India’s Pawan Hans Helicopters (PHHL), a government enterprise that claims to be the largest helicopter operator in the country’s civil and parapublic market, signed a $9.8 million contract for three AS 350B3 Ecureuils in June.
Chairman and managing director R. K. Tyagi told AIN the company expects delivery of the helicopters around August or September next year.
According to Tyagi, “The market is growing and we are accordingly increasing fleet size to meet new requirements.” The Centre for Asia Pacific Aviation India predicts a surge in helicopter services in the country in the next two years.
Pawan Hans currently operates a fleet of 36 helicopters comprising 18 SA 365N Dauphins, nine AS 365N3 Dauphins, three Bell 206L4 LongRangers, four Bell 407s and two Mi-172s.
The company is venturing into operating heliports in metropolitan areas across the country. The Indian government has designated 25 acres in North Delhi for construction and operation of a heliport. It has also allocated two acres for a helipad near the Commonwealth Games village to facilitate the Commonwealth Games and for disaster response.
Pawan Hans is also adding seaplane, search-and-rescue and fixed-wing operations, according to Tyagi. “We are exploring intra-city airport helicopter [links] and medical evacuation operations,” he said.
The company has signed a memorandum of understanding (MoU) with the state Government of Gujarat to connect important tourist/pilgrim destinations. Pawan Hans has plans to diversify its operations in other states such as Himachal Pradesh, Southern India and Goa. In addition, PHHL recently deployed one Bell 206L4 for hotline washing of transmission-line insulators for Power Grid of India.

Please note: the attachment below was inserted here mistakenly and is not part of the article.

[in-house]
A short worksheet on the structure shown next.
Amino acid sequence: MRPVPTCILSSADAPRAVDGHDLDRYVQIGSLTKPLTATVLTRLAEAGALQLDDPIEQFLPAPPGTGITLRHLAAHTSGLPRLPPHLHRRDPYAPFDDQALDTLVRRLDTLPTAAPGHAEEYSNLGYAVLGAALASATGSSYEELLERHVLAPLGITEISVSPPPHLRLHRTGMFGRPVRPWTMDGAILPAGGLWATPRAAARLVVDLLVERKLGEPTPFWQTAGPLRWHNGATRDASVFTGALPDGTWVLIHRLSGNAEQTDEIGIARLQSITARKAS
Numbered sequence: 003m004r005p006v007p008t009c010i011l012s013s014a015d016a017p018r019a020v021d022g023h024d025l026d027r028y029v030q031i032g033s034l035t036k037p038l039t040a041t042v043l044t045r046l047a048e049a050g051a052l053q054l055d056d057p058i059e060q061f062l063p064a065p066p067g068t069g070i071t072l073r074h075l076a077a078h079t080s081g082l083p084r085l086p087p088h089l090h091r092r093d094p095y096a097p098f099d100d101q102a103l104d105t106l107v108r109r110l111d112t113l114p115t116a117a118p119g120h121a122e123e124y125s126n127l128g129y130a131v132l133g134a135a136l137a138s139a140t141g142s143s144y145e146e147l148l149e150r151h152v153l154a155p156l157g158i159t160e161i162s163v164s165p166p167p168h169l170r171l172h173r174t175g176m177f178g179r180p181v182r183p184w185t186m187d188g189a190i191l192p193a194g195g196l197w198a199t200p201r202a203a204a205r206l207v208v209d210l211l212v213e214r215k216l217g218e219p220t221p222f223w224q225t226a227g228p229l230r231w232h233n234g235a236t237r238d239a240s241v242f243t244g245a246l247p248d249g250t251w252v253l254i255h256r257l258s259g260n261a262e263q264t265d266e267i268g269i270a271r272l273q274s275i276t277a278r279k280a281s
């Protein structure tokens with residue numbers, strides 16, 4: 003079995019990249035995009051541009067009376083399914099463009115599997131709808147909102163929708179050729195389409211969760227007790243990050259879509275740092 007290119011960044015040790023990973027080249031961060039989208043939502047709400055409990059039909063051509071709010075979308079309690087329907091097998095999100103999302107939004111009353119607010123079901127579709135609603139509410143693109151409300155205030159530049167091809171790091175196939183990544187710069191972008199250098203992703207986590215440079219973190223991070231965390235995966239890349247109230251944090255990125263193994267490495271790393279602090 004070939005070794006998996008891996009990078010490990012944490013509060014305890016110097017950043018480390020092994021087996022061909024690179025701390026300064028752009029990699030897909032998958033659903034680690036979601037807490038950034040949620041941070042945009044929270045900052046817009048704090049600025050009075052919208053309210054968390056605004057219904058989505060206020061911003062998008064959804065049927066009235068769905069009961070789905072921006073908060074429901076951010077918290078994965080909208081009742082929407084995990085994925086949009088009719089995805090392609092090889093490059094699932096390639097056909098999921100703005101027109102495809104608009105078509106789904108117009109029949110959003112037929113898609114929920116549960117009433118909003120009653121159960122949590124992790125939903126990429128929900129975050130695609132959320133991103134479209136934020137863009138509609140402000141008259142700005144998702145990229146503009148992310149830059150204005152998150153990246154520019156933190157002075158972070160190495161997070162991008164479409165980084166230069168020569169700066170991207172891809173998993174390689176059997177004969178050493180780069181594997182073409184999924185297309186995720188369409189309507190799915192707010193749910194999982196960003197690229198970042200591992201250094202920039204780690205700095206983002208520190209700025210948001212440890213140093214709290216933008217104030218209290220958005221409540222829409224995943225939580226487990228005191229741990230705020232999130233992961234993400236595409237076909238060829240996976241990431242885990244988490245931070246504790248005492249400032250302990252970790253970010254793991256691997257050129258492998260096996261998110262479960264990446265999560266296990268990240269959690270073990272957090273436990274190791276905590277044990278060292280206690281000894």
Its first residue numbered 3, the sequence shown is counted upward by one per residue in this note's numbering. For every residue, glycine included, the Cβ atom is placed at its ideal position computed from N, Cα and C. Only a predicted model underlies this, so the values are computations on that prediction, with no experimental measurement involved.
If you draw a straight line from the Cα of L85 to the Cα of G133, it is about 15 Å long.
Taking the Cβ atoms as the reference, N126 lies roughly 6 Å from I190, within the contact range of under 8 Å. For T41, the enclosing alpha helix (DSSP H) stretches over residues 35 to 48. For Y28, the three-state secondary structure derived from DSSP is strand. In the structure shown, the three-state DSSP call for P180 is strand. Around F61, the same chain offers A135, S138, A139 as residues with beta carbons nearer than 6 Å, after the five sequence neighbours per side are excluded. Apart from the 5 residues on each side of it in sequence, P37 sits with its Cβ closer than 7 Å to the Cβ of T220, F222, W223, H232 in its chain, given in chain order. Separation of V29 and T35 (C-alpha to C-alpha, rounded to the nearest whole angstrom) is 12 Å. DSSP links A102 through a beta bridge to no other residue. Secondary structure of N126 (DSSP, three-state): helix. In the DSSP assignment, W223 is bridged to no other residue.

PHHL began operations in 1986 to provide helicopter support to the oil sector, service in hilly and inaccessible areas and charter flights for the promotion of travel and tourism.
Although the company has seen an increase in flying hours–up 24 percent from FY2007-2008 to FY2008-2009–and an increase in revenue, it faces several challenges. Like the rest of the Indian aviation industry, Pawan Hans must contend with a shortage of pilots. It signed an agreement last year with the Indian Air Force (IAF) to recruit helicopter pilots nearing the end of their IAF flying career to fly for the company until they reach age 65, and in June this year it signed a similar agreement with the Indian Navy.
In Mumbai last year the company established the region’s largest integrated maintenance, repair and overhaul center at a cost of $5.5 million, a move it says is reducing the cost of maintenance by 60 percent. The facility is a Eurocopter- authorized maintenance center and provides support for the manufacturer’s Southeast Asian fleet. All periodic-inspection and overhaul work is carried out in-house.